Surrealism is dead, long live surrealism

In his first Surrealist manifesto of 1924, French writer and poet André Breton (1896-1966) advocates the dream, fantasy and the unconscious as a counterpart to rationalism. Inspired by the ideas of Sigmund Freud (1856-1939), Breton wants to create a new art free from the constraints of logic. Breton recounts how once, in a semi-conscious state just before falling asleep, he was struck by a sentence that just popped into his mind. "A man cut in two through a window." The phrase intrigued him, and the moment Breton decided to incorporate the sentence into a poem, new words and phrases popped up. This method of free association, free of conventions, becomes a hallmark of Surrealism. This art of the Surrealists is no longer based on reality as we know it, but on a world of dreams, fantasy and chance.

This world is shaped in the exhibition Surreal Worlds at Centraal Museum Utrecht that opens with the work of a number of Dutch Surrealists such as Gerrit van 't Net (1910-1971), Willem Leusden (1886-1974) and Jopie Moesman (1909-1988). Moesman's work in particular is a textbook example of Surrealism as his paintings show a dream world that also recalls the work of famous Surrealist Salvador Dalí (1904-1989). Besides the works of these Dutch artists, some paintings by well-known Surrealists such as Max Ernst (1891-1976) and Joan Miró (1893-1983) are on display. Also shown here are works by artists who cannot be directly associated with Surrealism. For instance, the art of painters from the Cobra group is based on the same principles, spontaneity and the subconscious mentioned by Breton in his manifesto.

J.H. Moesman, Meeting, 1932

Halfway through the exhibition, visitors can learn about two techniques used by the Surrealists, 'automatic writing' (automatic writing) and the 'exquisite corpse' (cadavre exquis). In automatic writing, the author uses phrases or words that come spontaneously to mind to create a new text, usually a poem. A cadavre exquis results from the collaboration of several artists. Each participant creates part of a work of art or text without knowing what the others are creating. Both techniques are based on spontaneity and chance and produce imaginative results.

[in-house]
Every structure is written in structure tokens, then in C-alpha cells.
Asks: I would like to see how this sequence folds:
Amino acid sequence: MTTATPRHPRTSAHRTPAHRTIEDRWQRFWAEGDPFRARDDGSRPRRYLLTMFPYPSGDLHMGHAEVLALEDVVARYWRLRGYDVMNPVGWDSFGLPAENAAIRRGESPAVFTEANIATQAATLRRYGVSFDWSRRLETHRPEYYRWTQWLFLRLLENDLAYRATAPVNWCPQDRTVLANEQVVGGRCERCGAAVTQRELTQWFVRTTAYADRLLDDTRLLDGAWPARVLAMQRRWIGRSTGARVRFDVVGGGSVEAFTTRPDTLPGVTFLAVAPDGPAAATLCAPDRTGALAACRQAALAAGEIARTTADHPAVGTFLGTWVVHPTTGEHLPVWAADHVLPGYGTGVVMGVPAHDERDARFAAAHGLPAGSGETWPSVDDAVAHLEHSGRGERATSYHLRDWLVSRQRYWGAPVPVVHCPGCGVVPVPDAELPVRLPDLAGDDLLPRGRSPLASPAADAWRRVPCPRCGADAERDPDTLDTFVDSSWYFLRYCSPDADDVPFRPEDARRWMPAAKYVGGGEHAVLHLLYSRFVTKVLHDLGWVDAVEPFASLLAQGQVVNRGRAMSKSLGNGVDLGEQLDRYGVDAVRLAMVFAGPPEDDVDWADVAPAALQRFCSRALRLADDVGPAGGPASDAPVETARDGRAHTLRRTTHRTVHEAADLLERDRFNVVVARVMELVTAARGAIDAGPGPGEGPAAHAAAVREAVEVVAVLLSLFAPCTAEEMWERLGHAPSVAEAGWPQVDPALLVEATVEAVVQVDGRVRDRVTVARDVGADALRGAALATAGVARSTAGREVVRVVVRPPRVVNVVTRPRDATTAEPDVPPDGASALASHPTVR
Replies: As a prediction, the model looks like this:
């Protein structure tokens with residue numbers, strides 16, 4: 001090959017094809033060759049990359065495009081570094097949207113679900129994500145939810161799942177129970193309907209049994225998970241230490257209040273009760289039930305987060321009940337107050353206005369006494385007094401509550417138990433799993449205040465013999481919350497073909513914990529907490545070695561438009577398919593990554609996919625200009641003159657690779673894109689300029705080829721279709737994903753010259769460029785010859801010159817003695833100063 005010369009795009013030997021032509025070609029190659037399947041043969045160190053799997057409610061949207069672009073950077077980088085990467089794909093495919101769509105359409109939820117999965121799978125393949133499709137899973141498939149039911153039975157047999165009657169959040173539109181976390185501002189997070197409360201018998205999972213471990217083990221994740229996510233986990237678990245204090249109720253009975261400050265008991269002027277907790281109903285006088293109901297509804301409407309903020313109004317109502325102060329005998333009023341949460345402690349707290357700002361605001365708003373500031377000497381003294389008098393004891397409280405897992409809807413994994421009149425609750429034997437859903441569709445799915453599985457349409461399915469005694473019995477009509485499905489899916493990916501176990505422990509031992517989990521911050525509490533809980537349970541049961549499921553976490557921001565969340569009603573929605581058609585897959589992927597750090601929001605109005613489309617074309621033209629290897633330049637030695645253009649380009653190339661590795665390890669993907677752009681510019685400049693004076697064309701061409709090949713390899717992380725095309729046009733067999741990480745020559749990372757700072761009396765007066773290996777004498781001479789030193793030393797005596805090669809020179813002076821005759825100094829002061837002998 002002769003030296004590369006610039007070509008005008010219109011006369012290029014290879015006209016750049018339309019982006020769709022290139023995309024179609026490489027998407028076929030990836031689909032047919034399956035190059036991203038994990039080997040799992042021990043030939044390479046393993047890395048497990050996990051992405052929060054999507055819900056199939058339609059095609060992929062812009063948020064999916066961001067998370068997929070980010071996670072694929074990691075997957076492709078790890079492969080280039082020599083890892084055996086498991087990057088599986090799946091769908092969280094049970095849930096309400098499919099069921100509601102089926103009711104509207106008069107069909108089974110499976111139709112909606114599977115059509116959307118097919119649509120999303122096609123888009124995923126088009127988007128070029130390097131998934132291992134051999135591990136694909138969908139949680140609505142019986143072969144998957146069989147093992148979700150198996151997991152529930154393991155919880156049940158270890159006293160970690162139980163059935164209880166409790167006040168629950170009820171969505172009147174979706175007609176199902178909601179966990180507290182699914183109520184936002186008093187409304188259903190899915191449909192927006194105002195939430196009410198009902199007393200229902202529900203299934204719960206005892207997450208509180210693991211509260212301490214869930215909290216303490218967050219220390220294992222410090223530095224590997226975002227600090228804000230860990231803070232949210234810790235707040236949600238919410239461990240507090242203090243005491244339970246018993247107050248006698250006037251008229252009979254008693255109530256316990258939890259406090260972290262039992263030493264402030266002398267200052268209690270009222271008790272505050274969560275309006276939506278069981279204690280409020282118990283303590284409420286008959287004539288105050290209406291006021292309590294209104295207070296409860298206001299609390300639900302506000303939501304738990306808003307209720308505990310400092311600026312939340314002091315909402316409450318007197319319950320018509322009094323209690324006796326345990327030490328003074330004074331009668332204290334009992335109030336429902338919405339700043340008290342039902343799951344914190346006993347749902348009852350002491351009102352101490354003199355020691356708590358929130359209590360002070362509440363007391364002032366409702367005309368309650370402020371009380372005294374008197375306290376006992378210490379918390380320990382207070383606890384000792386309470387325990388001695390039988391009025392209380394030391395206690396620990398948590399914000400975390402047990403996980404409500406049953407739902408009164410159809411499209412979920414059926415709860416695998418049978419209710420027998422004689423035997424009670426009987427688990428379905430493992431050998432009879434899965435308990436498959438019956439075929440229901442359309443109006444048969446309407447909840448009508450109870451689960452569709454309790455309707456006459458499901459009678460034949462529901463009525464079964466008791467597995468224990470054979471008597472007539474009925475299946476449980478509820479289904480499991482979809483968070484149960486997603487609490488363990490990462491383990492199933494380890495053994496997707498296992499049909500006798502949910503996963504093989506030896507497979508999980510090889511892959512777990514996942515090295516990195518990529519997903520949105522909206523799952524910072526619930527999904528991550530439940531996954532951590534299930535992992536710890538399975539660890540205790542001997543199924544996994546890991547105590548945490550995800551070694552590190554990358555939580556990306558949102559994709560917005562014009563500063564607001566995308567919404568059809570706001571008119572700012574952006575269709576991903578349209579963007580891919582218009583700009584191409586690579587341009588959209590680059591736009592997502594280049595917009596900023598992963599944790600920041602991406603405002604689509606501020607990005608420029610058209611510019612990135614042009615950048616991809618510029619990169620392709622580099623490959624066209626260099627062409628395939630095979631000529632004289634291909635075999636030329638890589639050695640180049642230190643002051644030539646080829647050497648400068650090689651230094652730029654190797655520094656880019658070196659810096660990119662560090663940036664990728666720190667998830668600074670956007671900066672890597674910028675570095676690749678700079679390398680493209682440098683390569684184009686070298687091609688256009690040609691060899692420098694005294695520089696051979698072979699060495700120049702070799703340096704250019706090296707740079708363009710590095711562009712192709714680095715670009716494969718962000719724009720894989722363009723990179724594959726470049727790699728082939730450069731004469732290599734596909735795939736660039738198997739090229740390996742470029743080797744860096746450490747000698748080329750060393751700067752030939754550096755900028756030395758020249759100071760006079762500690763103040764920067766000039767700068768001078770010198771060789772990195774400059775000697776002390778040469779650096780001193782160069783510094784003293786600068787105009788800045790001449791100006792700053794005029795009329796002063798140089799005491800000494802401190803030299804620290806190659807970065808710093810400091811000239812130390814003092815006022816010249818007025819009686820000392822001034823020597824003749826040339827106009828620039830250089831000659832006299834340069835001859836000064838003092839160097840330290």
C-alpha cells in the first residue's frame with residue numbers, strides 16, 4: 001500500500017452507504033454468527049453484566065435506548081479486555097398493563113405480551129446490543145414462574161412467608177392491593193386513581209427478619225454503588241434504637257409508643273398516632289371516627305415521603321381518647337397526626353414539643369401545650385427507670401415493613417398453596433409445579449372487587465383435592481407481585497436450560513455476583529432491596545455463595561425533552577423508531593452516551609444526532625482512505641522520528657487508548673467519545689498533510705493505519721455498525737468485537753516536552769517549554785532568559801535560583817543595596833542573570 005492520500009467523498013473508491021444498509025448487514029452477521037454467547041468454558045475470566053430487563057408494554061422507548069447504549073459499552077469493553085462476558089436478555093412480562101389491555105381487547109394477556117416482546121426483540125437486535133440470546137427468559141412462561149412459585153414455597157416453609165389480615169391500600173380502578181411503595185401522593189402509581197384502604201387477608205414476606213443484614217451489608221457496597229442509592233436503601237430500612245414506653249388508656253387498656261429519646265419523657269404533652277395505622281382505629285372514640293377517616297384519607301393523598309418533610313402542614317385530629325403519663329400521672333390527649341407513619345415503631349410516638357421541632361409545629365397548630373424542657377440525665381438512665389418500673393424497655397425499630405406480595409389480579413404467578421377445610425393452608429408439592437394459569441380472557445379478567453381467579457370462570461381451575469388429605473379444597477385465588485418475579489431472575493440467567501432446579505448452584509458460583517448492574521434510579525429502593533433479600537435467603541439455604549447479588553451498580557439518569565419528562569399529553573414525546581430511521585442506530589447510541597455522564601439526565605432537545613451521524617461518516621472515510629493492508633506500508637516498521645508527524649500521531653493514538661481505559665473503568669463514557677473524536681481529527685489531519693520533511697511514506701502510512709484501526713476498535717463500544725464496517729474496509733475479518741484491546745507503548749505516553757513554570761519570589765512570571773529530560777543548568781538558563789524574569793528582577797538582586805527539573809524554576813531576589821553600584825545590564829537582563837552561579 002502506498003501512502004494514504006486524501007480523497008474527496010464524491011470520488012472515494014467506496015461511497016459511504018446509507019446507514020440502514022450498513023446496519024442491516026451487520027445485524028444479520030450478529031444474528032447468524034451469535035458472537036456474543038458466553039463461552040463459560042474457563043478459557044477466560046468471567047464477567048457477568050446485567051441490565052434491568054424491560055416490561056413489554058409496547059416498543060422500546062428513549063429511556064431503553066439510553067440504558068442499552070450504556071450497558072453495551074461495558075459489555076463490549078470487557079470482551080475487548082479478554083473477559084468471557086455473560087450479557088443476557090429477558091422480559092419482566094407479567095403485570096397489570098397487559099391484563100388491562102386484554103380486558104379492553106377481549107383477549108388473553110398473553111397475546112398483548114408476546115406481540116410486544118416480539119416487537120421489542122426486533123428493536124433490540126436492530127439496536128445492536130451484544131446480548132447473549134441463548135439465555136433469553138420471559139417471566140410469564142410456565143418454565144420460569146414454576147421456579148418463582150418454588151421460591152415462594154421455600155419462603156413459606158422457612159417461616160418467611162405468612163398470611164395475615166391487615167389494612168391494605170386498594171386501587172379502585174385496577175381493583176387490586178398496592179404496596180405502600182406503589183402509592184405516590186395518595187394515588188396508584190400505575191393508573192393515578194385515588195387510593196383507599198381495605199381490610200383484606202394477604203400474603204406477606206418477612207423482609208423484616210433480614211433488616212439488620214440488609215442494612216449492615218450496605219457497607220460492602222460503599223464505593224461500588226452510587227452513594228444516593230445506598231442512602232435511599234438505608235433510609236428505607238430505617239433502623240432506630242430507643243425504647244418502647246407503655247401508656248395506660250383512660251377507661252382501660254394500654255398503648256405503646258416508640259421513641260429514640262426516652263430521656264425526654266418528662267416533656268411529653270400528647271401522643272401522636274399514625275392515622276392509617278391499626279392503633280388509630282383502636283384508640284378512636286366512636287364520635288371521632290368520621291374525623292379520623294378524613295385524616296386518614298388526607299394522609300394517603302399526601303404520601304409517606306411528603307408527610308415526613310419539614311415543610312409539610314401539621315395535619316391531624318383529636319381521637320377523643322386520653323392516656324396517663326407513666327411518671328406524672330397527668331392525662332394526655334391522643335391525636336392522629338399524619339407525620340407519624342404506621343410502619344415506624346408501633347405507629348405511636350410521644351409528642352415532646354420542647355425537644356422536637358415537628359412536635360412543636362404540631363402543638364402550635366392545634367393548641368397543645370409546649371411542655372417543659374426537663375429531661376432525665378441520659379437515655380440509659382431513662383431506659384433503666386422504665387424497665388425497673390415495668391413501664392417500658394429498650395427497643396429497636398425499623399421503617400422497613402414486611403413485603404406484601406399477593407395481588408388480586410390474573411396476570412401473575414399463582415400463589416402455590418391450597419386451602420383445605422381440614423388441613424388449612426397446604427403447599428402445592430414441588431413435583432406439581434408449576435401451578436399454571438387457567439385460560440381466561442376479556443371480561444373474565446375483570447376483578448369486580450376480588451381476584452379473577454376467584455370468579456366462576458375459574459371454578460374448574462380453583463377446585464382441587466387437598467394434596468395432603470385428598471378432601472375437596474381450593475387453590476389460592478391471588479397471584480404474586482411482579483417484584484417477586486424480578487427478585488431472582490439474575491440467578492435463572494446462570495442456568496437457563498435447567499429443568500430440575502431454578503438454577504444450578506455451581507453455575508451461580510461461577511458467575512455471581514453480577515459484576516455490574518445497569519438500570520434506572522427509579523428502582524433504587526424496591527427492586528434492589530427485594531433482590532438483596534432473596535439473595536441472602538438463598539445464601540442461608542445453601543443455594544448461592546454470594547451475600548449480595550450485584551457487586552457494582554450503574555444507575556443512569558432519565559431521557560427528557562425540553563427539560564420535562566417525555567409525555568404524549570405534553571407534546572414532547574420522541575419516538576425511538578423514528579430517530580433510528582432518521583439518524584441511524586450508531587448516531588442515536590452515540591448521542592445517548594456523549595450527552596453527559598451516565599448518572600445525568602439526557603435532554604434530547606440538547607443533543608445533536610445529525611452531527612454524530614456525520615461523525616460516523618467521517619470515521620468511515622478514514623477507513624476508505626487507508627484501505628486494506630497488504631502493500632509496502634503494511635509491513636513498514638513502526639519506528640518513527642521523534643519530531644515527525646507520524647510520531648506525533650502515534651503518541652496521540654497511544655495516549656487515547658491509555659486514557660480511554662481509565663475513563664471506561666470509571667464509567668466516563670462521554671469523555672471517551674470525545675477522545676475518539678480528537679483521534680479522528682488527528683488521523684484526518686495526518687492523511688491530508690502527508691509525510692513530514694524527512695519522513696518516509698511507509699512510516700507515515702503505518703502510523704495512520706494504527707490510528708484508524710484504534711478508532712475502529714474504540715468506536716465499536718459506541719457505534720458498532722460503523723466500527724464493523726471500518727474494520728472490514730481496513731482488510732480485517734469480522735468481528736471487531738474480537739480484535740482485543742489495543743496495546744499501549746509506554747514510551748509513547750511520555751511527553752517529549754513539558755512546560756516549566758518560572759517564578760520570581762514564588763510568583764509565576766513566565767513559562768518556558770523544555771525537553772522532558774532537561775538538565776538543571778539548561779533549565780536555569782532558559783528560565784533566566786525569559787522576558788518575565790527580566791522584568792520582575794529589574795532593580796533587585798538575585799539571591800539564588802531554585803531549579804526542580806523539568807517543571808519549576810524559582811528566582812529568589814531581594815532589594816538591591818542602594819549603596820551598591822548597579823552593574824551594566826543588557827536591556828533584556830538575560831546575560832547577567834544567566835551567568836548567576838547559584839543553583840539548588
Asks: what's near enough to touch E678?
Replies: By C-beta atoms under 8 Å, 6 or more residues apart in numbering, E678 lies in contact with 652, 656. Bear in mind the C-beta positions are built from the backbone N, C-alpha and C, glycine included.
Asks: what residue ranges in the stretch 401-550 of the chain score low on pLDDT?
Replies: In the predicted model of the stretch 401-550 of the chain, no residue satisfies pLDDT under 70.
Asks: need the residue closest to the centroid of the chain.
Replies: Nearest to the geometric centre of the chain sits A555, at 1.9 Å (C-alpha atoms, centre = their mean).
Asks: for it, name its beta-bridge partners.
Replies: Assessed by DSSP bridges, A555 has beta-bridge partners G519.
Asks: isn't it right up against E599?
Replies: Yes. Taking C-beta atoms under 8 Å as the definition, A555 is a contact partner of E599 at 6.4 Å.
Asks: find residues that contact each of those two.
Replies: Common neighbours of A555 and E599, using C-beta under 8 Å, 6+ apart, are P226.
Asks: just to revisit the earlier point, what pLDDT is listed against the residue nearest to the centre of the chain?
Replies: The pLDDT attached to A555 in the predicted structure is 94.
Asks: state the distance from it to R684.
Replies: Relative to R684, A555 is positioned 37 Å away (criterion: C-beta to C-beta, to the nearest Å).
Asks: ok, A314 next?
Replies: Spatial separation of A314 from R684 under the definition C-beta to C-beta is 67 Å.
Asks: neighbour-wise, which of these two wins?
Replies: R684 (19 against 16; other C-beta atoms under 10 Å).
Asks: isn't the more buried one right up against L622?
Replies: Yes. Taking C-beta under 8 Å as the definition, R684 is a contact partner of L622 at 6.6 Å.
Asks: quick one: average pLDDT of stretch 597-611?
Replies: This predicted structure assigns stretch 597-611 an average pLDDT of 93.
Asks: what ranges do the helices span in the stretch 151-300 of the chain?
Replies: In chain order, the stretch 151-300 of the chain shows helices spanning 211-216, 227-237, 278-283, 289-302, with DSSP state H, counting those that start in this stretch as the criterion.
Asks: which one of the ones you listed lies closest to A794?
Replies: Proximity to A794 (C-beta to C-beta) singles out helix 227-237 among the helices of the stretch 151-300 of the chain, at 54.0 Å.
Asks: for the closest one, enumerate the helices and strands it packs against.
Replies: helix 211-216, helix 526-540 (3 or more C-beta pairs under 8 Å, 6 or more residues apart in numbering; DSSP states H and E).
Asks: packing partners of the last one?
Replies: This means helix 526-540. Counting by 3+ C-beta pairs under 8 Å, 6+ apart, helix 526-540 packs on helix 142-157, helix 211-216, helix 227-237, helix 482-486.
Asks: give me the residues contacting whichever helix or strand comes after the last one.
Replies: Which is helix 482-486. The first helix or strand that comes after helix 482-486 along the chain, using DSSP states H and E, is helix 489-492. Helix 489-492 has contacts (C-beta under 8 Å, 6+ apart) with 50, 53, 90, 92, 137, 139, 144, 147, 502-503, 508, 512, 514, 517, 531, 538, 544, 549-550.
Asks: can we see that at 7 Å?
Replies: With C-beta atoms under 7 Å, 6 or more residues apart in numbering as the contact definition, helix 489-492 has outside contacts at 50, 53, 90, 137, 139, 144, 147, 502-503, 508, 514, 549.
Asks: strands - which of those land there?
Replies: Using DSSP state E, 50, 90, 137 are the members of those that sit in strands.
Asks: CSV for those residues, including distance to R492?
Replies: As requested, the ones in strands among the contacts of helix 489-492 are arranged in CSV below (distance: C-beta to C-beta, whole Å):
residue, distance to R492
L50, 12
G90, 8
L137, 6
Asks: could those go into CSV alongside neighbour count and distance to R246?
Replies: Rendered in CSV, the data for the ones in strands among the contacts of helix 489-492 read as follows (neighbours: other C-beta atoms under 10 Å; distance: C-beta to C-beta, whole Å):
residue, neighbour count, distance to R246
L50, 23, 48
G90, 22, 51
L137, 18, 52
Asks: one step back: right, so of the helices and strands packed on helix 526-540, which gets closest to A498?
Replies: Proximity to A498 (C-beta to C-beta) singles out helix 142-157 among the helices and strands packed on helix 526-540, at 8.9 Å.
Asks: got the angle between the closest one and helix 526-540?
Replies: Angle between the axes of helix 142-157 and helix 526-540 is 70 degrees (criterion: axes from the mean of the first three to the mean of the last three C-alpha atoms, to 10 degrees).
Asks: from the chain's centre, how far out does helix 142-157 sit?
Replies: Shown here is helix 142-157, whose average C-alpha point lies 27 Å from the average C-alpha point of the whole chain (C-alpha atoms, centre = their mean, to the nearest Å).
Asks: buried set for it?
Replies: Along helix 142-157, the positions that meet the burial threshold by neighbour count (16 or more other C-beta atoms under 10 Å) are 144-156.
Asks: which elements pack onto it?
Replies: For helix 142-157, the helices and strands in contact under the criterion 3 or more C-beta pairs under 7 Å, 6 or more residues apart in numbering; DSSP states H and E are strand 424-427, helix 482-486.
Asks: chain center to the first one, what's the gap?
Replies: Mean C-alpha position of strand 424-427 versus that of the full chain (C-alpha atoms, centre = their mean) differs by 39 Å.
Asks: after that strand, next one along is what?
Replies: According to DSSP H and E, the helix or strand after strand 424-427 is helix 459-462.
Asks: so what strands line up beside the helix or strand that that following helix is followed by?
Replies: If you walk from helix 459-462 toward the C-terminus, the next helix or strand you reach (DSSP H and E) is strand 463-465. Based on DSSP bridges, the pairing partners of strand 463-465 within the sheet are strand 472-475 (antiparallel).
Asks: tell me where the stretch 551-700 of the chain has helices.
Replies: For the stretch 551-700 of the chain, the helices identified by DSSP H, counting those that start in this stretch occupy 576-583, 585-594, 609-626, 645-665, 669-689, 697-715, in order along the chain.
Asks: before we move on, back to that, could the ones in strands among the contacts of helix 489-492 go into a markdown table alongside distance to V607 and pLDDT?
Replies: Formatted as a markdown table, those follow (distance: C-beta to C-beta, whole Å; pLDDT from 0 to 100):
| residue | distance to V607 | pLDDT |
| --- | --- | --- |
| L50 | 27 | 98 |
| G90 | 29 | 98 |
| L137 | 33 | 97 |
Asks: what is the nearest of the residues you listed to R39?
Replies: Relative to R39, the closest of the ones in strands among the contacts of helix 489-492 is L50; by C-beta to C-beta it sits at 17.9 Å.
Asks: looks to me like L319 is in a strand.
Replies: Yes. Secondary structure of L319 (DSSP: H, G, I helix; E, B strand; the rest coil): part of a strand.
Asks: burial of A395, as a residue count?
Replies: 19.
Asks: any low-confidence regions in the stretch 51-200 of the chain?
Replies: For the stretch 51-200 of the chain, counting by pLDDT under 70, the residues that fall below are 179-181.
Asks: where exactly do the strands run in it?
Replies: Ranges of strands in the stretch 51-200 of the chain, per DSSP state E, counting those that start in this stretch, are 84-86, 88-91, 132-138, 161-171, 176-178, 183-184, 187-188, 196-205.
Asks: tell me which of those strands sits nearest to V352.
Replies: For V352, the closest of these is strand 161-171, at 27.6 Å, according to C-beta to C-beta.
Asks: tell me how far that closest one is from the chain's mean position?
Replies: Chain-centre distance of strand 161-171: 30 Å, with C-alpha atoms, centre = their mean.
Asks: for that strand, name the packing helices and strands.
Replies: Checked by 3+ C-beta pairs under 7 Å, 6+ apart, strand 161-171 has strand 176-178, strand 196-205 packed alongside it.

At Surreal Worlds these results are designed in two parts, the first half of which has a historical bent, starting with artworks by the first surrealists through to modern artists such as Rene Daniels (1950). The second part of the exhibition shows how surrealist ideas still inspire many artists today. The fascination the Surrealists had with themes such as buttocks and breasts, hands and feet or faith can also be found in the work of contemporary artists. Some artists employ techniques that were also used by the Surrealists. A good example of this is a ready-made by Frank Halmans (1963), he combines existing objects and uses them to create a new image. His work 'Sad machines' (2007), for instance, consists of three alarm clocks and a title. Ready-mades were made even before Surrealism emerged, but were entirely in the spirit of Surrealism. 

Frank Halmans, Sad machines, 2007

Modern art history can sometimes give the impression that different movements succeed each other and that the arrival of a new movement also means the end of each preceding one. Central Museum shows that this is certainly not true of Surrealism. This movement is still alive today and traces of Surrealism can also be found in contemporary art.

This blog was written by guest blogger Danny Creusen

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